Year-end reviews are on the horizon, so I have started interviewing and researching what's hot and what's not in ERP. One of those interviews took me back to the future. It was a talk with John Cingari, marketing VP at Compiere, one of the new breed of ERP companies.
Compiere offers an interesting Java-based technology using a data dictionary as underpinning and a lot of modern business process management concepts that should move smoothly into the cloud. But John - like me - traces his ERP experience back through the Internet-client/3GL/relational data base client/server era of ERP to the days of green screens, flat files and monolithic code bases, when the products were still called material requirements planning applications. So he made a great witness to what's new in ERP vs. what's just a matter of changing buzzwords.
John's early ERP experience was with process-manufacturing-centric ERP providers Marcam and Datalogix. The latter was acquired by Oracle, where John managed applications marketing. Like most early ERP products, Datalogix software was very industry-specific. But many of the dominant, large ERP providers tend to think only in discrete manufacturing terms, so a process formulary is just a bill of materials in their view, they treat lot numbers as if they were part numbers, and take a lot of other design steps that pushed the industry-specific intellectual property down into massive suites which were a mile wide and an inch deep.
What that thinking does to healthcare delivery, financial-services and other non-manufacturing ERP products would take a whole article to describe. But that's why the suites have become the bloatware or shelfware that IT users rightfully complain about today. And that's also why John's alma mater Oracle (after it acquired Datalogix) has had to reverse course and spend billions buying industry-specific ERP and point-product application software to stay in the game.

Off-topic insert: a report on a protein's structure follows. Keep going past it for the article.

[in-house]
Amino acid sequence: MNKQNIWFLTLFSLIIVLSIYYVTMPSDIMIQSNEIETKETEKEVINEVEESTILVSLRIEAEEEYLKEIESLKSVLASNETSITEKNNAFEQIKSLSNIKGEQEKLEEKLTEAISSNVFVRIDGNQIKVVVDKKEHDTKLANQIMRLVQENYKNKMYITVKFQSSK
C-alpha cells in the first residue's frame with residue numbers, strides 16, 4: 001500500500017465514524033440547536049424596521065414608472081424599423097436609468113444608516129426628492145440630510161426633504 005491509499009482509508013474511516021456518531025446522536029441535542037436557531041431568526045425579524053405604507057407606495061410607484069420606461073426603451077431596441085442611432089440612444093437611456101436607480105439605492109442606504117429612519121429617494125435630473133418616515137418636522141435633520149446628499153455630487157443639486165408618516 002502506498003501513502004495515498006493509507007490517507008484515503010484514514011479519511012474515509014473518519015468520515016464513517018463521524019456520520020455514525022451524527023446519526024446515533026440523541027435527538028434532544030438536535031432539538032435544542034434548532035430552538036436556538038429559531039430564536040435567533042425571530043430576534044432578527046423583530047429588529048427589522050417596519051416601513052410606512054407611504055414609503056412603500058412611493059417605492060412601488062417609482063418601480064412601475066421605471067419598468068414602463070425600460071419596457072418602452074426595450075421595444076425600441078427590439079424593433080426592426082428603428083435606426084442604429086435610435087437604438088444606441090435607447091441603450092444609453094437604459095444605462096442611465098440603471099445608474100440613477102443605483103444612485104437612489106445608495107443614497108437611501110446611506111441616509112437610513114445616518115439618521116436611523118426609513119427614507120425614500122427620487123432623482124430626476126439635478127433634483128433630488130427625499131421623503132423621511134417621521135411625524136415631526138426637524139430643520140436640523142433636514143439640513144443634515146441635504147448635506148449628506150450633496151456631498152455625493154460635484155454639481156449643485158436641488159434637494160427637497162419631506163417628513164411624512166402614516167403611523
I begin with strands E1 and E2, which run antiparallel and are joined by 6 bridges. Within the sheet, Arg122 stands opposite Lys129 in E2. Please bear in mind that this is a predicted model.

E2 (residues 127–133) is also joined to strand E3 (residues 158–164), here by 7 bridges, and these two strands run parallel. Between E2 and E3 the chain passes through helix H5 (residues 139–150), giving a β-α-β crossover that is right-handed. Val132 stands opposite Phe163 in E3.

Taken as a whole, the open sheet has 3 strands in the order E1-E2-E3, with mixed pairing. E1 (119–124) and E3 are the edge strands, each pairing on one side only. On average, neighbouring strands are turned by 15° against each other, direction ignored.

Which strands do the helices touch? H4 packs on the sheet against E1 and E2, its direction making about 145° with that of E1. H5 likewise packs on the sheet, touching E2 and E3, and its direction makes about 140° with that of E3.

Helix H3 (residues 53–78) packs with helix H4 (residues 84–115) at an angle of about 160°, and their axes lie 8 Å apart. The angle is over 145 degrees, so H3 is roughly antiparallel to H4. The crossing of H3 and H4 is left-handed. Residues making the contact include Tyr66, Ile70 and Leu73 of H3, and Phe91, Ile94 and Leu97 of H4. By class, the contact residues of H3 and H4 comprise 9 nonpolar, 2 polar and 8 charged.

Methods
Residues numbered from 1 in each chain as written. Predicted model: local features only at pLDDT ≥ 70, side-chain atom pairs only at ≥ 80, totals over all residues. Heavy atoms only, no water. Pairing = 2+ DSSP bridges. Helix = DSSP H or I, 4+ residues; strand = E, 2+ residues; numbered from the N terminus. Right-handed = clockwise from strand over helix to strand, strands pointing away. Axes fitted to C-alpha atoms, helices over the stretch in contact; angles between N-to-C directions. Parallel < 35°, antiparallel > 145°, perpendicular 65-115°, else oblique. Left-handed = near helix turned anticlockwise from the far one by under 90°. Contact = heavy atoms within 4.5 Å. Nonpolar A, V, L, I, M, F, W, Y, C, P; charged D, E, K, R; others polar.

The other thing early ERP products were good at, according to John (and I agree), was supporting small and medium businesses, whereas large enterprises constantly re-invented the wheel writing their own in-house COBOL applications. Both trends (going horizontal and designing for large enterprises) were premised on your having huge IT staffs, global operations and bottomless budget. If that were ever true, events of the last few weeks in the financial markets have changed the ERP market dymamics, probably forever.
That's why an experienced enterprise-software marketer like John Cingari (he also grew OutlookSoft, which was acquired by SAP in 2007) is excited by the opportunity for Compiere and other new breed ERP products. He sees Microsoft, SAP Business One, Sage 1000 and NetSuite as his major competitors. (NetSuite is 80 percent-plus owned by Oracle's Larry Ellison and will likely be re-folded back into Oracle when the time is right - that's my opinion, not Cingari's.) Compiere is not competing at the very lowest level of the market vs. Intuit and smaller Sage products.
Like early ERP providers, the discrete-manufacturing-centric Mapics and the service-industry-oriented J.D. Edwards, Cingari is building Compiere around channel partners, picking up some Edwards and Infor (where Mapics and most other early ERP products are buried) partners in the process. Because of Compiere's history, 60 percent of its activity is European. Using an open source philosophy, the partners will add even more industry-centricity to the offering. But the software runs on Windows and accesses Oracle databases if desired.
Of course Compiere will be included in my year-end ERP lookback/lookahead and if there are other new or old ERP packages you would like looked at, leave a comment or send me an e-mail.